A-Level

Key measures of economic performance

Key measures of economic performance

Traditionally, the key measures of economic performance in macroeconomics include: Economic growth – real GDP growth. Inflation – e.g. target CPI inflation of 2% Unemployment – target of full employment Current account – satisfactory current account, e.g. low deficit. Other measures of economic performance can include: Government borrowing/national debt Real disposable incomes Income inequality (Gini coefficient) Labour productivity Investment levels Exchange rate Measures of well-being – surveys which measure overall living standards. e.g. ONS well-being index. Human development index (HDI) – a measure of economic development. It is a…

UK Inflation Rate and Graphs

UK Inflation Rate and Graphs

Current UK Inflation Rate CPI inflation rate:  3.1% (headline rate) CPI – D7G7 at ONS (page updated 17 Dec 2017) Source: Raw data General inflation tables | CPI annual % change D7G7 at ONS Other measures of inflation (CPIH) CPI including owner occupiers’ housing costs – 2.8% (CPIH – L550) RPI – 3.9% (Nov 2017) Factory gate prices (Output prices) 3.3% June 2017 (output prices) ONS See: Measures of inflation Cost-push inflationary factors In 2017, UK has…

UK unemployment-rate

UK Unemployment Stats and Graphs

A selection of graphs and statistics on UK unemployment. Also, looking at factors that explain UK unemployment and why unemployment has fallen in recent years. Raw data:  Labour market data | Source: ONS MGSX (LFS) Current UK Unemployment rate Unemployment rate of 4.3%, (Oct 2017) –  (UK Unemployment at ONS) 1.45 million unemployed people. (ONS) Employment rates Employment rate: 75.3% (proportion of people aged 16-64 in work) – ONS Employment:  32.136 million people in work. Participation…

Economic Growth UK

Economic growth measures the change in real GDP (national income adjusted for inflation; ONS call it chained volume measure of GDP) In 2016 the UK economy grew by 1.8% –  (compared to 2.2%) in 2015. In the first half of 2017, the economy has grown by just 0.5% (annualised growth of 1%) Q1 0.2% | Q2 0.3% The peak to trough fall of the economic downturn in 2008/2009 is now estimated to be 6.0% Figures for Q2 2017 show the economy is reliant on consumer spending, with…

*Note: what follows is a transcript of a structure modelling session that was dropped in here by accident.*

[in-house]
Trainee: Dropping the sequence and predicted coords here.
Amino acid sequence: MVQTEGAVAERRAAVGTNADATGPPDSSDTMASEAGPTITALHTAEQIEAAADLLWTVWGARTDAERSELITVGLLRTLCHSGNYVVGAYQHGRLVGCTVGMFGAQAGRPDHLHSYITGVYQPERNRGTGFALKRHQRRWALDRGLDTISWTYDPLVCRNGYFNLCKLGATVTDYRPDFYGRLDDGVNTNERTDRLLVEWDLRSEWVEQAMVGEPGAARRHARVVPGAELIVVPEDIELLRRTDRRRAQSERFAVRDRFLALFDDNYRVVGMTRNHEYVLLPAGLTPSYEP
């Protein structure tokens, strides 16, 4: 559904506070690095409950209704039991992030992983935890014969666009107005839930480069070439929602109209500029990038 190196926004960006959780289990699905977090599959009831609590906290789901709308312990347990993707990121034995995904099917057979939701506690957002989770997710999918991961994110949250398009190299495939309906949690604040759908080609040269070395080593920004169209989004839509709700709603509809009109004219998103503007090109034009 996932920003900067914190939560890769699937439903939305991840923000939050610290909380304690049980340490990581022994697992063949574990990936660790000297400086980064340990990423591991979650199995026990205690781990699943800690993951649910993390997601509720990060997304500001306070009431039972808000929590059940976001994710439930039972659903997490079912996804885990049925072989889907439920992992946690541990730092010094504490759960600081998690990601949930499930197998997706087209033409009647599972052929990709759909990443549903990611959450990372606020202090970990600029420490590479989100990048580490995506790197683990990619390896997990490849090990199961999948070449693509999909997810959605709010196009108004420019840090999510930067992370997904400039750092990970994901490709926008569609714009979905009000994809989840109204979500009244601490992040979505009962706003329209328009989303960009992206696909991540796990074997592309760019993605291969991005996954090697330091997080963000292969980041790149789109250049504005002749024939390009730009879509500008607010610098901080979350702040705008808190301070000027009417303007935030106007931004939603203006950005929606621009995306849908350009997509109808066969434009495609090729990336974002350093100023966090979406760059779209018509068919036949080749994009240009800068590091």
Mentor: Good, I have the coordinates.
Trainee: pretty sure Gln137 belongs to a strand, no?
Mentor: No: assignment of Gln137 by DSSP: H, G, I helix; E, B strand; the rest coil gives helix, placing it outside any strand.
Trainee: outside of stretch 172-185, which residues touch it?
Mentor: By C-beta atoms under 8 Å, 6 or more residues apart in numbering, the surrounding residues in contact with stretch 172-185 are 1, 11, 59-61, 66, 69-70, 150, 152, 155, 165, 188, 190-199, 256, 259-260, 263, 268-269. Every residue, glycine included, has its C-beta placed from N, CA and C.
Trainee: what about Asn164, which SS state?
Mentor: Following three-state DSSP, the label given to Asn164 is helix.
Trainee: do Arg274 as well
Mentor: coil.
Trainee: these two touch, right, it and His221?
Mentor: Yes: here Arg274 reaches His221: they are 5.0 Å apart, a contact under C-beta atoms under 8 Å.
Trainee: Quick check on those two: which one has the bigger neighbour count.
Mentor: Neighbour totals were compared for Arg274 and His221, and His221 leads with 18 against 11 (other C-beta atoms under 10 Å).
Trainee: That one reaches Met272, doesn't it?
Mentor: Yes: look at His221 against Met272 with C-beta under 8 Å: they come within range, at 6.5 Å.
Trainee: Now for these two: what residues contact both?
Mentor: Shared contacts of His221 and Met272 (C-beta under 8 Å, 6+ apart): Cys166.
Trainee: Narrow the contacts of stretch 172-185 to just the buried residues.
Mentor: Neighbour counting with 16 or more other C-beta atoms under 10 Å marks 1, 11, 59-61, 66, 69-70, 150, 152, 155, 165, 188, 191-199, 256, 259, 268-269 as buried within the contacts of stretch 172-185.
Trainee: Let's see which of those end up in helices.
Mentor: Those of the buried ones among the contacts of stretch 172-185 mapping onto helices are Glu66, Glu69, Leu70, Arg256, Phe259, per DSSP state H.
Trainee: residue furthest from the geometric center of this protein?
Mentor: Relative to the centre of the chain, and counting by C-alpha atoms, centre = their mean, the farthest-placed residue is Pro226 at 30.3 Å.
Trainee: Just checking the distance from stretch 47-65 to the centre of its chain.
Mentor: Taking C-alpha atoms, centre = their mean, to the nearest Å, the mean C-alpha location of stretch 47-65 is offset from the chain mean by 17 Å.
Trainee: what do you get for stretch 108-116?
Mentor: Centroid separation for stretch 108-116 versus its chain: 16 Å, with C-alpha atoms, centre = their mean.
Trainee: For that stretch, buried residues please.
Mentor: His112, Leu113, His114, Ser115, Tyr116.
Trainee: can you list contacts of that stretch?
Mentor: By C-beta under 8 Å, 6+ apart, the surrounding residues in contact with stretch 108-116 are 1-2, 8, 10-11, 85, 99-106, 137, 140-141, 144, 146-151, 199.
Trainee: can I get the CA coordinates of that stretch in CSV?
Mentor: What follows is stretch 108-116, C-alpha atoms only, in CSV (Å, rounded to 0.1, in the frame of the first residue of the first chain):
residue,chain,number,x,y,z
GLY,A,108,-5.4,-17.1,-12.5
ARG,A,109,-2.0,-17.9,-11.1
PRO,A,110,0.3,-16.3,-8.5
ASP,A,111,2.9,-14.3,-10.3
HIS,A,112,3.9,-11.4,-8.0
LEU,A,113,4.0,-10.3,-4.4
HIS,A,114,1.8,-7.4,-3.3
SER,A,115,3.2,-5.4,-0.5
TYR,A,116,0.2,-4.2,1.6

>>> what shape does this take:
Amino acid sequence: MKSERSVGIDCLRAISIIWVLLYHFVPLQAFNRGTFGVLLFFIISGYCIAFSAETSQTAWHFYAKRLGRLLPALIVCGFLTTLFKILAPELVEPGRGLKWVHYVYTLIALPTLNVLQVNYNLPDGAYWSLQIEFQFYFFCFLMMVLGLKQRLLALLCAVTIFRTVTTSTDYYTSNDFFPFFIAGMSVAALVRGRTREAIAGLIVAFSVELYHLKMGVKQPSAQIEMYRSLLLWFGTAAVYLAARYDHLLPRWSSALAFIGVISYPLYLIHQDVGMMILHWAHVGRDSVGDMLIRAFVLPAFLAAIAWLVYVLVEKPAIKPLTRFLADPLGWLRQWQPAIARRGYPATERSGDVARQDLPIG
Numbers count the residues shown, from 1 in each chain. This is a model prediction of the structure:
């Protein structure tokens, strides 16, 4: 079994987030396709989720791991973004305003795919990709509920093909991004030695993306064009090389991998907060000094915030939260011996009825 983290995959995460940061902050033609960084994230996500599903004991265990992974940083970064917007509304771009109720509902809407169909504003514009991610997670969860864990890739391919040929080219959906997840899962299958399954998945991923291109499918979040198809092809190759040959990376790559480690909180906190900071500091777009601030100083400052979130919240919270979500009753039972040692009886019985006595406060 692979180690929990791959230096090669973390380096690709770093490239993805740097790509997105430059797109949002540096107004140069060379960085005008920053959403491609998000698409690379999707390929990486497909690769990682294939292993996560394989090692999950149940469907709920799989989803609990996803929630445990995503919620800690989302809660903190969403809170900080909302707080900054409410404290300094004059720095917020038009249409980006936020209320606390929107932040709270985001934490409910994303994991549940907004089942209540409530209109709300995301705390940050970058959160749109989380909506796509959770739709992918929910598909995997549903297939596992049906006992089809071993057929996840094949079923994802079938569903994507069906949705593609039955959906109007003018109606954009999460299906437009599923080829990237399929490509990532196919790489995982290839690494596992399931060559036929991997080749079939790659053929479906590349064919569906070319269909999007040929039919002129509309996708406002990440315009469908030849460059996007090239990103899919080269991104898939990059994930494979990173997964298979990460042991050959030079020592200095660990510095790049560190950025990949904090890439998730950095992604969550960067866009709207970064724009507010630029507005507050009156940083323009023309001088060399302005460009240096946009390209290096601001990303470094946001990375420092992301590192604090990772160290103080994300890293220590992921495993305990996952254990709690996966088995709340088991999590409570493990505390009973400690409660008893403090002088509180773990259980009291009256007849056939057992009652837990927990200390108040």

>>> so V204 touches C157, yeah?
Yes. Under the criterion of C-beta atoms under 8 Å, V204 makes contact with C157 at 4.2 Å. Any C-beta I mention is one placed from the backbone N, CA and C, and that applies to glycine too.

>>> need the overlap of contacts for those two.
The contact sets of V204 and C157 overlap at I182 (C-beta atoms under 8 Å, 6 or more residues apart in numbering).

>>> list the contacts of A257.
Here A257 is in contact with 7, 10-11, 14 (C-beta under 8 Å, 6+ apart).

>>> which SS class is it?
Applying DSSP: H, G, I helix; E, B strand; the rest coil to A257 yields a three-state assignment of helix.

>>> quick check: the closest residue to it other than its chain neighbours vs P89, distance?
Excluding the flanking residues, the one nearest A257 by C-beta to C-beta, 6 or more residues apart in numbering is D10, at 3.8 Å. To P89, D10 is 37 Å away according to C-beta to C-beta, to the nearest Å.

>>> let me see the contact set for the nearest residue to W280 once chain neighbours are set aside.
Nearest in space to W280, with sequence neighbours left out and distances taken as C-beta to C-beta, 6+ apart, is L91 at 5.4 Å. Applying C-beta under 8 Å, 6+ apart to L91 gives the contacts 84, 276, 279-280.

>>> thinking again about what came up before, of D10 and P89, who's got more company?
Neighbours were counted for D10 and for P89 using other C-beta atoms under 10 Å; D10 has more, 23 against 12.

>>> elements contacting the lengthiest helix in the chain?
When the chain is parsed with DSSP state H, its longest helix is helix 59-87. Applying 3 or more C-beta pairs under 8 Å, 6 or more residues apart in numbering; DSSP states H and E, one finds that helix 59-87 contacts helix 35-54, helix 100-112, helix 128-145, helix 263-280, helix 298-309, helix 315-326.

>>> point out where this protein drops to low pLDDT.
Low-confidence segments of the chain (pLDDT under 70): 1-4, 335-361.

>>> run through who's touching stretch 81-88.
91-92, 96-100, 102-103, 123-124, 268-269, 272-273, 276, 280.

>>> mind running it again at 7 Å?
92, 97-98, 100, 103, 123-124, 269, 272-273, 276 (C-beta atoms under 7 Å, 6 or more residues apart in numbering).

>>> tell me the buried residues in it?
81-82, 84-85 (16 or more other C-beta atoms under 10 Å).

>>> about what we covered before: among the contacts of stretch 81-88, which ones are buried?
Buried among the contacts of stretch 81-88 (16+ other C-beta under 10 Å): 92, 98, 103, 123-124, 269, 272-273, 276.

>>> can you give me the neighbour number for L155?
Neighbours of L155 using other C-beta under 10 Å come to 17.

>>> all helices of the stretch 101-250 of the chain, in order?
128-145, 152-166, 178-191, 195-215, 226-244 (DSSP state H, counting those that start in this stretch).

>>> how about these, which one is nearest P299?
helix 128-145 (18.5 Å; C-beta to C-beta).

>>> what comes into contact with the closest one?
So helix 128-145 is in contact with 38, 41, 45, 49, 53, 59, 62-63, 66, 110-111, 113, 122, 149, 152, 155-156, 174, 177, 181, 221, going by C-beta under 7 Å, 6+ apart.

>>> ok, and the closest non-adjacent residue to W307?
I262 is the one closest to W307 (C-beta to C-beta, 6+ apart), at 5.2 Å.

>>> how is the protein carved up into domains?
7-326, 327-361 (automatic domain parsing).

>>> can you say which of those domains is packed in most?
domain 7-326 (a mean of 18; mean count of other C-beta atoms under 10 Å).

Importance of exports to the economy

Importance of exports to the economy

Exports play an important role in the UK economy, influencing the level of economic growth, employment and the balance of payments. In the post-war period, lower transport costs, globalisation, economies of scale and reduced tariff barriers have all helped exports become a bigger share of national income. In 2011, exports of goods and services accounted for 19% of GDP (up from 14% in 1990). Imports accounted for 24% of GDP – indicating that we have a current account deficit. Importance of exports Employment. Growth in exports…

UK Government spending – real and as % of GDP

UK Government spending – real and as % of GDP

In 2015/16 the UK government is forecast to spend a total of £753 billion. Source: HMT public spending statistics (May 2017) Also see: HM Treasury PESA (released 21 July annually Real term trends in public spending Source: HMT public spending statistics (May 2017)    UK Pension spending More details on pension spending. Government spending as % of GDP

economies-of-scale-growth-in-firm

Discuss why firms grow in size

Most firms seek to become bigger – increasing sales and market share. Firms can grow through internal expansion, external growth (merger) or diversification into related industries. The motives for increasing in size can include: Greater sales lead to greater profit, making the firm more attractive to shareholders Successful, growing firms are likely to increase salaries/pay bonuses to managers. Increasing output enables economies of scale, greater efficiency and lower average costs. Increased prestige for managers seeing the firm become more influential and powerful. Greater risk diversification, e.g. when growth comes…

Devaluation of the Indian Rupee

Devaluation of the Indian Rupee

The Indian Rupee has fallen in value against a basket of currencies since independence in 1947. In recent years, the Indian Rupee has continued to depreciate in value. Indian Rupee value against US Dollar In 1990, you could buy $1 for 16 Indian Rupees. By 2013, the value of a Rupee had fallen, so that you would need 65 Indian Rupees to buy $1. Another way of thinking about it: In 1990 1 Indian Rupee = $0.06 In 2013 1 Indian Rupee =…